The fourth-annual Fashion Tech Forum made its West-Coast debut on Friday in Los Angeles with a packed schedule of panel discussions and keynotes covering the two industries' convergence; but one of the discussions concluded with a pretty major disruption — and not the type you might expect from a tech conference.
Khloe Kardashian's Good American co-founder Emma Grede took part in a panel titled, "The New Empowerment: Women at the Helm of Brands and Communities," during which she discussed how being a woman helped her come up with some of the concepts behind the brand, like inclusive sizing and showing the product on various models on its website.
But the panel had a surprisingly controversial ending: When Marta Goldschmied, the founder of denim brand Made Gold, took the audience Q&A portion as an opportunity to confront Grede IRL about Good American "taking inspiration" from smaller brands.
Earlier this year, Made Gold, which also has a female-empowerment slant, alleged that Good American copied its signature lace-up jeans via an article in Refinery29. In the story, Goldschmied's rep, Clara Jeon, explained how Goldschmied struggled to get the jeans produced; but once they were, they quickly attained Instagirl fame, being worn by Kylie Jenner, Bella Hadid and Hailey Baldwin.
When we caught up with Goldschmied over the phone on Monday, she explained that she got a last-minute invite to attend the conference with a friend and didn't come with the intention of confronting Grede, but felt the panel's Q&A portion would be a "safe place" to ask the question. "We were talking abut women empowerment," she explained. "I haven’t felt that empowered by women who have a big platform [such as Grede and Kardashian]." Her goal was to start a discussion by asking, "how to bridge the gap between independent women designers that bigger corporations take inspiration from, and how to work together." She claims that by speaking out to Grede she didn't intend to be confrontational, but rather to put forth the idea that bigger companies should work with smaller designers rather than take their ideas. Grede dodged the question and the panel ended.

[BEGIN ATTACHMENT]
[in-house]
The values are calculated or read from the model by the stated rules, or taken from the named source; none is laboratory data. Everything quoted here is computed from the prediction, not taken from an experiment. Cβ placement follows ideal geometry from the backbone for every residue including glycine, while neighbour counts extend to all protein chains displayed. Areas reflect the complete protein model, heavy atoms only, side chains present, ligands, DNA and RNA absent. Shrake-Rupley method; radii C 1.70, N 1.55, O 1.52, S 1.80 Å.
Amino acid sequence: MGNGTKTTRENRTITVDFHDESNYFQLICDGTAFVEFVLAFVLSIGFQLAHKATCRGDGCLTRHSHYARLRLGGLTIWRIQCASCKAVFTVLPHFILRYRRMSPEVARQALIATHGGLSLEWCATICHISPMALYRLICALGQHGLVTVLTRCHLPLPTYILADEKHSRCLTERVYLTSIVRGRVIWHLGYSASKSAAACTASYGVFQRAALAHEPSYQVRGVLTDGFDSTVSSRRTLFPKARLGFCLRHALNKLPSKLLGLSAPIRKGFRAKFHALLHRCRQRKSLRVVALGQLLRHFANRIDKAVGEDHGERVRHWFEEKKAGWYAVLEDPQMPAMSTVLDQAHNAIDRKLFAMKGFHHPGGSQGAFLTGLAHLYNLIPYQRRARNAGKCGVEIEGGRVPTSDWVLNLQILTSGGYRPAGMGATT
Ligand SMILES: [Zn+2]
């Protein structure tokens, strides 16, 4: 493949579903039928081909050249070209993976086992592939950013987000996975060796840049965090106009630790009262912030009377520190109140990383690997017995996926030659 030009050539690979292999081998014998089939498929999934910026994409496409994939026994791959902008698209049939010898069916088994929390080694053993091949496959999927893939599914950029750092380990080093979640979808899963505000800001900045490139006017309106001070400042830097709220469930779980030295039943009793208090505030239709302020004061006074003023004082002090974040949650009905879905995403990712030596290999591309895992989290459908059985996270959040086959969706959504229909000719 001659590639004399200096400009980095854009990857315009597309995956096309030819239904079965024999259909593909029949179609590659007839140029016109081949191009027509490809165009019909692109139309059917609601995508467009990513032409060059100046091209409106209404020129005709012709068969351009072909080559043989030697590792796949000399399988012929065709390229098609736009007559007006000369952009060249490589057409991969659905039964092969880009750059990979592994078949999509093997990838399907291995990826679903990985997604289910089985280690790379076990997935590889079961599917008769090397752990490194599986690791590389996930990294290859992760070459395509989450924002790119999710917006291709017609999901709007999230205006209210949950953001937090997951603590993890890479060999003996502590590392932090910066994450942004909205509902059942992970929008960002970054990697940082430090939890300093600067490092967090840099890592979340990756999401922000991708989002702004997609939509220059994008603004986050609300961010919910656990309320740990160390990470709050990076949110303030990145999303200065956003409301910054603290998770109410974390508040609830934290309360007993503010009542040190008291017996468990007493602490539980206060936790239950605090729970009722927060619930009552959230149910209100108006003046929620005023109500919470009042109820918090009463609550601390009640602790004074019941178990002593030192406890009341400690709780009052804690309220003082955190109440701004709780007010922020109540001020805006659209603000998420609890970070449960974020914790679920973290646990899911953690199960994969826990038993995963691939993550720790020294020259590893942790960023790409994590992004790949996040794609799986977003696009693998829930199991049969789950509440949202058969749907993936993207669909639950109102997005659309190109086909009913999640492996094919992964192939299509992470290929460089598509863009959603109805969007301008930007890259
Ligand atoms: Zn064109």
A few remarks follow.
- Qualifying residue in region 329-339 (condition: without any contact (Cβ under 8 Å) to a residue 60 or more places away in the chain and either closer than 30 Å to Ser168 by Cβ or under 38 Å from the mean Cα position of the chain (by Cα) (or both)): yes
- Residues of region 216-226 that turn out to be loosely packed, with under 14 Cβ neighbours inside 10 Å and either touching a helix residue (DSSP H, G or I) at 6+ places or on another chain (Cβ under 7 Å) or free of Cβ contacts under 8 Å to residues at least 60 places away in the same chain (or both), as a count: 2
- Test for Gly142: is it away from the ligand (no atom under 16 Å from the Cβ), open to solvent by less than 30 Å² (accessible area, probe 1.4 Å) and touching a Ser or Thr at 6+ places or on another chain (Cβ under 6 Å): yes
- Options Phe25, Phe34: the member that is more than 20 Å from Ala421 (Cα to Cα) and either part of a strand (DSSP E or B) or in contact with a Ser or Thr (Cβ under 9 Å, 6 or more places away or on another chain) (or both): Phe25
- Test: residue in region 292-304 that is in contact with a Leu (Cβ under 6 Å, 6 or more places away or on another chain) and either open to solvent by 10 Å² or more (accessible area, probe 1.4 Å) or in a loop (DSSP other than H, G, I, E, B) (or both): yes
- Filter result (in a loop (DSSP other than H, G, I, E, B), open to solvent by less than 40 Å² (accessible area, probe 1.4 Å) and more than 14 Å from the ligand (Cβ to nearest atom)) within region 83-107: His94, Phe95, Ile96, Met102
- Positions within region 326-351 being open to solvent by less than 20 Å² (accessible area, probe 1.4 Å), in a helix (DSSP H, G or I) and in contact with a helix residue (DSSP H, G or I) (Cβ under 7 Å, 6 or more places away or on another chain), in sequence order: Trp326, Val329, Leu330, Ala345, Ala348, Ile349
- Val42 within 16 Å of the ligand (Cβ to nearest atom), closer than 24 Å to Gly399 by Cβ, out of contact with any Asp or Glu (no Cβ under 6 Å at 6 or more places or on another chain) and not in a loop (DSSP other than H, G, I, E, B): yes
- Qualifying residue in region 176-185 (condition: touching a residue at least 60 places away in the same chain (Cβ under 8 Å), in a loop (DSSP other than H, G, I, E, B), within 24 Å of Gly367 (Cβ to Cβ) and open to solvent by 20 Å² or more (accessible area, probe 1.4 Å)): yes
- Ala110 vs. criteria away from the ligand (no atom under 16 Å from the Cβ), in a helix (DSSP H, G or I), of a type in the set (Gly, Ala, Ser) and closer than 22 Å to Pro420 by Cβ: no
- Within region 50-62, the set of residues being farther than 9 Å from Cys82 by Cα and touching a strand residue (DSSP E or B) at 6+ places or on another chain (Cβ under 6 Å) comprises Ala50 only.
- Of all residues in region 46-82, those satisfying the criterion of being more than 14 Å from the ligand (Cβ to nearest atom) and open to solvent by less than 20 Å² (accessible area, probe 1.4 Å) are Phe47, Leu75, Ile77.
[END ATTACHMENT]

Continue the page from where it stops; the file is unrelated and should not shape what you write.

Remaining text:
Goldschmied also noted that the brand has co-opted other styles in addition to the lace-ups that were specific to Made Gold. "Obviously they're inspired by or fans of my work," she said, referring to the Good American co-founders. But, she explained, "It's not just me; I don't think Good American should work with me, but empower those female independent designers that would love to be part of your team."
Goldschmied confirmed to Fashionista that as of "a few months ago," she is no longer with Made Gold and has a new project in the works. She didn't provide details on her departure but the brand took on a significant investment in May of this year.
Made Gold isn't the only brand that has accused Good American of copying this year. Destiney Bleu of Dbleudazzled took to social media claiming that Good American copied her sparkly bodysuit design after Kardashian borrowed bodysuits from Bleu (receipts here), who has also made items for Beyoncé and Lady Gaga. The implication is that Kardashian acquired the bodysuits in order to copy them.
Things got real when Kardashian's (and Good American's) lawyer Marty Singer fired off a cease-and-desist letter — published by TMZ — calling Bleu's actions malicious and tortious and her statements false and defamatory. As for Friday's events with Goldschmied, a rep for Good American had no comment. Bleu Tweeted the above.